130. General Electric China Ltd and China Shenhua Coal to Liquid and Chemical Co., Ltd [2011] MOFCOM No 74 (10 November 2011).

131. Weiyifa Shenbao Jingyingzhe Jizhong Diaocha Chuli Zanxing Banfa (未依法申报经营者集中调查处理暂行办法) [Interim Measures for Investigating and Punishing of Concentration of Undertakings Failing to File Notification] (promulgated by the Ministry of Commerce, 30 December 2011, effective 1 February, 2012) Order No 6 of 2011.

132. In late 2014 MOFCOM announced that it had fined Tsinghua Unigroup, an SOE, for failure to notify; see Norton Rose Fulbright (n 19) 5. Other companies which have been fined include two other SOEs. For full list up till December 2015, see Sobel (n 128) 5.

133. Sobel (n 128) 2.

134. ibid 5.

135. Although in some circumstances damaging local firms will damage competition, this depends upon the extent to which they are efficient and competitive.

136. Coca-Cola Company and Huiyuan Corporation [2009] MOFCOM No 22 (18 March 2009).

137. In truth the major concerns were the lack of detailed explanation for the findings and support for the use of the portfolio market effect theory, which might have been better supported. This theory was also applied more recently in Merck KGa and AZ Electronic Materials SA [2014] MOFCOM No 30 (30 April 2014).

138. Maersk, MSC and CMA CGM [2014] MOFCOM No 46 (20 June 2014).

139. ibid. Another decision on joint ventures in Corun, Toyota China, PEVE, Sinogy and Toyota Tsusho [2014] MOFCOM No 49 (2 July 2014) was also in the sensitive industry of batteries for use in hybrid cars, with detailed conditions imposed.

140. MOFCOM did not follow the EU practice of limiting the review of joint ventures to those ‘performing on a lasting basis all of the functions of an autonomous economic entity’, while competition authorities in the US and EU stated that they would maintain a watching brief.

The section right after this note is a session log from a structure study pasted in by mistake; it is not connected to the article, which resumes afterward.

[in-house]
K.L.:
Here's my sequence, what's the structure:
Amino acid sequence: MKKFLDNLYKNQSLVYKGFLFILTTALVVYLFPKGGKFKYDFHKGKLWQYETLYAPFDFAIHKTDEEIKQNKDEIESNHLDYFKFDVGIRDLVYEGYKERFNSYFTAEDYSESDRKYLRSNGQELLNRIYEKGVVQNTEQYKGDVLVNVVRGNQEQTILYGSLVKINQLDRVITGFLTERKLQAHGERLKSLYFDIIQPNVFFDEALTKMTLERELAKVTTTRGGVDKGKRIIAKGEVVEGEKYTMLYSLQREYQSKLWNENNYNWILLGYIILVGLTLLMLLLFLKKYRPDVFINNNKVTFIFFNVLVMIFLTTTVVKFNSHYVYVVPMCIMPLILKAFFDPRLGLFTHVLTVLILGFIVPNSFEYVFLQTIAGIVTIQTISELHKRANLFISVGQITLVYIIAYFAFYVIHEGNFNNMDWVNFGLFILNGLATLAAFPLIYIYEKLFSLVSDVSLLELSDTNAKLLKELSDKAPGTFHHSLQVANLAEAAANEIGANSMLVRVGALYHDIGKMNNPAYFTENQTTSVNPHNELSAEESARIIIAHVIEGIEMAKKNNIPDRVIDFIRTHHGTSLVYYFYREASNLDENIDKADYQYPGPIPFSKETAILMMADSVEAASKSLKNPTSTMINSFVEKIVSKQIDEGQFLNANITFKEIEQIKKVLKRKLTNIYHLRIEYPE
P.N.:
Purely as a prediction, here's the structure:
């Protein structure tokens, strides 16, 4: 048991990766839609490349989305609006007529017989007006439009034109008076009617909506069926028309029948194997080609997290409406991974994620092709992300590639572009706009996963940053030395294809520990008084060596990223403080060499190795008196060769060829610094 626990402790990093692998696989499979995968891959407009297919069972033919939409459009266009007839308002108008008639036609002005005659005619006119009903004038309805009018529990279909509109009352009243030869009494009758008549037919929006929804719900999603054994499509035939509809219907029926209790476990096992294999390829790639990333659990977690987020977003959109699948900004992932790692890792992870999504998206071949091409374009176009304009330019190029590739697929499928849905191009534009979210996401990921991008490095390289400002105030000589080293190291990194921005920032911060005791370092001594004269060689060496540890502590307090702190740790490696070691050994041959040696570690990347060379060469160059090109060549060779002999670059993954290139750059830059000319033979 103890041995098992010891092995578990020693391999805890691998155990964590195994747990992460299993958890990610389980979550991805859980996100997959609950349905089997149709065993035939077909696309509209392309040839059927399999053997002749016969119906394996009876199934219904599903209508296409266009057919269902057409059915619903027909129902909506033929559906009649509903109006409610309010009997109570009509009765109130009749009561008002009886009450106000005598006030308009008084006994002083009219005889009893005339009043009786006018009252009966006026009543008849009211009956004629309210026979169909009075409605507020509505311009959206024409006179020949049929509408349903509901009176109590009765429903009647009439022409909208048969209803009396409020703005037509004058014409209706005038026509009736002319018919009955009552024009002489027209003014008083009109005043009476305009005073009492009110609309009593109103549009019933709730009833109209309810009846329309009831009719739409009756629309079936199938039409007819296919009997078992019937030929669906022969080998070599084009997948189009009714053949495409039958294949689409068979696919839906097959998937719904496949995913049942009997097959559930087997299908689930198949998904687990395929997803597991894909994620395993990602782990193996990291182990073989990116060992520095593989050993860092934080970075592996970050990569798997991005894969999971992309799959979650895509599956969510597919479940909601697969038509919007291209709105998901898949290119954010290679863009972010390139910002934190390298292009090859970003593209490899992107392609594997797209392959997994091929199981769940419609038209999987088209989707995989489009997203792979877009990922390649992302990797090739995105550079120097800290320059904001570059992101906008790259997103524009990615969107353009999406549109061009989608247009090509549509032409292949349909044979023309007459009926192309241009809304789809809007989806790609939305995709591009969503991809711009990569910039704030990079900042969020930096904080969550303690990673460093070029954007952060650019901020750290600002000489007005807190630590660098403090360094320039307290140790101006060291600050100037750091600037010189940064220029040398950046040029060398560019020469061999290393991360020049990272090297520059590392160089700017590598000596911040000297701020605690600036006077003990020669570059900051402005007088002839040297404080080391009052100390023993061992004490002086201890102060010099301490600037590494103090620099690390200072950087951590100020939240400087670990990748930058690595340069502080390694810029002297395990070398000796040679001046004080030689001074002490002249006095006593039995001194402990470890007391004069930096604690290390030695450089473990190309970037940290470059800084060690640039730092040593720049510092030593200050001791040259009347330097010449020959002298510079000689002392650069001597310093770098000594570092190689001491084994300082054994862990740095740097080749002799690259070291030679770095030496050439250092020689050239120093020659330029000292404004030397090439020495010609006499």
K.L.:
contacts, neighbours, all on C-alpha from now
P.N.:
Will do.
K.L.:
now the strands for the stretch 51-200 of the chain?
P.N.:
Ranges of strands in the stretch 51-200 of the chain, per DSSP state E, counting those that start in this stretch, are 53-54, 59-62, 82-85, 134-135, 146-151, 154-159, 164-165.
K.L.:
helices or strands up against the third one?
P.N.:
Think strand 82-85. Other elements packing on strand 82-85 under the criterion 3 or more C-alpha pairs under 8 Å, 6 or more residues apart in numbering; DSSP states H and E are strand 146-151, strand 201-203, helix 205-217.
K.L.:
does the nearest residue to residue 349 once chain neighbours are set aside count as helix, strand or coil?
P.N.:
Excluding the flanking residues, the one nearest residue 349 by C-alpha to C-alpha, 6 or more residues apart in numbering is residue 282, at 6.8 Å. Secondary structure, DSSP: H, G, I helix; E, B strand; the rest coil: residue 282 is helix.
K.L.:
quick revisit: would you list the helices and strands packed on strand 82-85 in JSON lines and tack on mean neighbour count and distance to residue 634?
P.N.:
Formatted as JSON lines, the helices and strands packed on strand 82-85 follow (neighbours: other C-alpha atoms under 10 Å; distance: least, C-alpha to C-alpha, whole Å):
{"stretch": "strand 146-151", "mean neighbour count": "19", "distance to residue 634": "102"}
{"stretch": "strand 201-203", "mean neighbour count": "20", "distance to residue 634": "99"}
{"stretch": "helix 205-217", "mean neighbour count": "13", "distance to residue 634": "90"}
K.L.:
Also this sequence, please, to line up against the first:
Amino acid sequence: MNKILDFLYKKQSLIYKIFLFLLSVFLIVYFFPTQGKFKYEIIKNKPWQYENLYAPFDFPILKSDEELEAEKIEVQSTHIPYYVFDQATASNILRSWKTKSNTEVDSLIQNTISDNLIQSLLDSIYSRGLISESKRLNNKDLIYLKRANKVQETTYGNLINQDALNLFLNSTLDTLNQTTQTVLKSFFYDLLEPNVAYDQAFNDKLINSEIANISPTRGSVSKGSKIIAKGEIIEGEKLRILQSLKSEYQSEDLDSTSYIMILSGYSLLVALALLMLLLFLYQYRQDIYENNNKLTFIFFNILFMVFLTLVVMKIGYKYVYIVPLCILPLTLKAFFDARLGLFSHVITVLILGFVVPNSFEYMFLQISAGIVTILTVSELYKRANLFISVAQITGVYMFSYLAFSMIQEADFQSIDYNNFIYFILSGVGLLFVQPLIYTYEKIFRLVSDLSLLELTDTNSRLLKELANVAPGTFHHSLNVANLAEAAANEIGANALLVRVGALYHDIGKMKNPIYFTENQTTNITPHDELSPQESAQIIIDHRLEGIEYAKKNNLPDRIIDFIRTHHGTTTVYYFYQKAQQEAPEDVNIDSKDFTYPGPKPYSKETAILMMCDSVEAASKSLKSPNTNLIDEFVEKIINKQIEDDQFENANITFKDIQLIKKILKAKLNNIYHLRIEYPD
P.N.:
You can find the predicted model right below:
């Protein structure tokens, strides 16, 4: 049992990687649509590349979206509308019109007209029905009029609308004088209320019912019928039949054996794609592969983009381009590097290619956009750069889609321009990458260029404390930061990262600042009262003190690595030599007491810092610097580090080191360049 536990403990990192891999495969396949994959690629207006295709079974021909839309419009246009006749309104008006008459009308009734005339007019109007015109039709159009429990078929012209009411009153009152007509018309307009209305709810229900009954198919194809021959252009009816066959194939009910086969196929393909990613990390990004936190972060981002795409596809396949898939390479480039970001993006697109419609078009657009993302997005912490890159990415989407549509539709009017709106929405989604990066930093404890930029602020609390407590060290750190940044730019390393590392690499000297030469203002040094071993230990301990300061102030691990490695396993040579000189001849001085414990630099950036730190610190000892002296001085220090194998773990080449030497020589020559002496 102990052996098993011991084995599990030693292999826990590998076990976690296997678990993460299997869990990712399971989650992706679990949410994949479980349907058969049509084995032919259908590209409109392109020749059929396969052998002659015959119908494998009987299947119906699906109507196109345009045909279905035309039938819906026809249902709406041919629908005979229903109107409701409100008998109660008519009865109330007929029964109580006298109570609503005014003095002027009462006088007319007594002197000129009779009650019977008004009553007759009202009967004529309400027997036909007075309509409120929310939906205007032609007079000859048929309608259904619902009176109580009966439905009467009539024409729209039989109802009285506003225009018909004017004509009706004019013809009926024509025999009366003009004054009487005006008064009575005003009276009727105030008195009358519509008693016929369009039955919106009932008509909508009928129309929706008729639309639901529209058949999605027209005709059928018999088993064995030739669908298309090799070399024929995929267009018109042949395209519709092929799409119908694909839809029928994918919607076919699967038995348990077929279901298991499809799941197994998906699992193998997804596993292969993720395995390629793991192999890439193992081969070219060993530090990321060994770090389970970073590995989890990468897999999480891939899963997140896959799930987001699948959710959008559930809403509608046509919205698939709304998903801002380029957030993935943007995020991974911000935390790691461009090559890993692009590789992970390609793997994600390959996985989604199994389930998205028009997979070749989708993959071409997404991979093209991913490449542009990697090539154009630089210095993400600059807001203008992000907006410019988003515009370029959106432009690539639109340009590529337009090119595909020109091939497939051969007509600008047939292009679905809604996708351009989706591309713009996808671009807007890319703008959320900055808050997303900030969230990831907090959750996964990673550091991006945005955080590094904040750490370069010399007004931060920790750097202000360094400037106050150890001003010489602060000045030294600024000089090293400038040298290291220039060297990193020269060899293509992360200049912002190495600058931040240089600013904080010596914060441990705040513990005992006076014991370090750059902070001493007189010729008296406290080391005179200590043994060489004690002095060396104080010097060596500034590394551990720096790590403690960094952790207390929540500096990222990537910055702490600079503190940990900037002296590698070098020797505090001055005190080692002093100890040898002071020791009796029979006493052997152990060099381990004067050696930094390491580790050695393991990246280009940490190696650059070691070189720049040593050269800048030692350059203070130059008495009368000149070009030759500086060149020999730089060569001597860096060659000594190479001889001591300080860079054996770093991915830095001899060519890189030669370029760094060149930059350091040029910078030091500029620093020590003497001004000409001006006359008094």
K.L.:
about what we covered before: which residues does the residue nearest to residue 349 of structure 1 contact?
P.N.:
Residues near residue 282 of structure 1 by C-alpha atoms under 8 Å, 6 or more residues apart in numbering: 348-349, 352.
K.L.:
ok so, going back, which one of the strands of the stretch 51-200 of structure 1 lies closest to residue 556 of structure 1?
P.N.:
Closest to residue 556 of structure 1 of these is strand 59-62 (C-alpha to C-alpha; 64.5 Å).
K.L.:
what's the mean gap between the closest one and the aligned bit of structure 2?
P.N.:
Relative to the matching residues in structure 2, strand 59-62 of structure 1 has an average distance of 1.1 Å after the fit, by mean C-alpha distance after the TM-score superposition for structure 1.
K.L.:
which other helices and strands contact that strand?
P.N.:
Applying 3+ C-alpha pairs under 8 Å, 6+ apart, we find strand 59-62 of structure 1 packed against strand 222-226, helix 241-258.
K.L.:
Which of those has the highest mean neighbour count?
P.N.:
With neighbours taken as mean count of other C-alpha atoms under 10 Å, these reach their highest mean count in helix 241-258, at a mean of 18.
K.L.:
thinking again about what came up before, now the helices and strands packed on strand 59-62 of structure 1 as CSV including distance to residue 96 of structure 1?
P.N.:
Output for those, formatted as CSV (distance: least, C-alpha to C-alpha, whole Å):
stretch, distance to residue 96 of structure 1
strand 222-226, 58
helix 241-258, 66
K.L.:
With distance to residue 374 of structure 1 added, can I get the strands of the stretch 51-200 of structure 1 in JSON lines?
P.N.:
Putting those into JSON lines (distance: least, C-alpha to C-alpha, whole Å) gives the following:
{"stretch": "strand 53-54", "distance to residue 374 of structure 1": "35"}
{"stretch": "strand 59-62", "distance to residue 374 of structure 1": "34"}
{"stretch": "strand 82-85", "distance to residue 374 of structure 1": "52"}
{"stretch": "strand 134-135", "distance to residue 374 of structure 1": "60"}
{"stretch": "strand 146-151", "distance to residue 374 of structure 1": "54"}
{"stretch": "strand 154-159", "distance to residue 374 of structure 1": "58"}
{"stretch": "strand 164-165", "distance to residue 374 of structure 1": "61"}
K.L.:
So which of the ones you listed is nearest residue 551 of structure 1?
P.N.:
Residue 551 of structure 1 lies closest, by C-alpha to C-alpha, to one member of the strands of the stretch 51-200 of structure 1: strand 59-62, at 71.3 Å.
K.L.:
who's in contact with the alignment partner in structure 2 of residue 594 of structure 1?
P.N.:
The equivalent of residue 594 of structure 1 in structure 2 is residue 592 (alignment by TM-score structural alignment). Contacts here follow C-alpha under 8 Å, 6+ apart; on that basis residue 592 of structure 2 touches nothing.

141. Nate Bush, ‘MOFCOM’s hidden motives for merger review’ (China Law & Practice July 2014) <www.chinalawandpractice.com/Article/3361050/Channel/16143/MOFCOMs-hidden-motives-for-merger-review.html> accessed 26 October 2015.

142. Marubeni Corporation and Gavilon Holdings LLC [2013] MOFCOM No 22 (22 April 2013). This merger was against the background of significant pressure on local soybean suppliers by imports. See also MediaTek Inc and MStar Semiconductor Inc (Cayman) [2013] MOFCOM No 61 (6 August 2013). There the market shares of the parties were large but the conditions required that the LCD Master TV chip business of MStar be conducted by a Taiwanese subsidiary for at least three years, and other onerous conditions relating to separation of that business were imposed. The time limit may have been related to the changing nature of the market.

143. Xi Jiping said in November 2013 that food safety is and will always be one of the Government’s top priorities. He said China must be able to guarantee the food supply of its 1.3 billion people because “history has shown that even a huge fortune is of no use if a famine hits us”: Zhao Lei, ‘Move on reforms, but not rashly, Xi says’ China Daily (29 November 2013) <http://usa.chinadaily.com.cn/china/2013-11/29/content_17139905.htm> accessed 26 October 2015.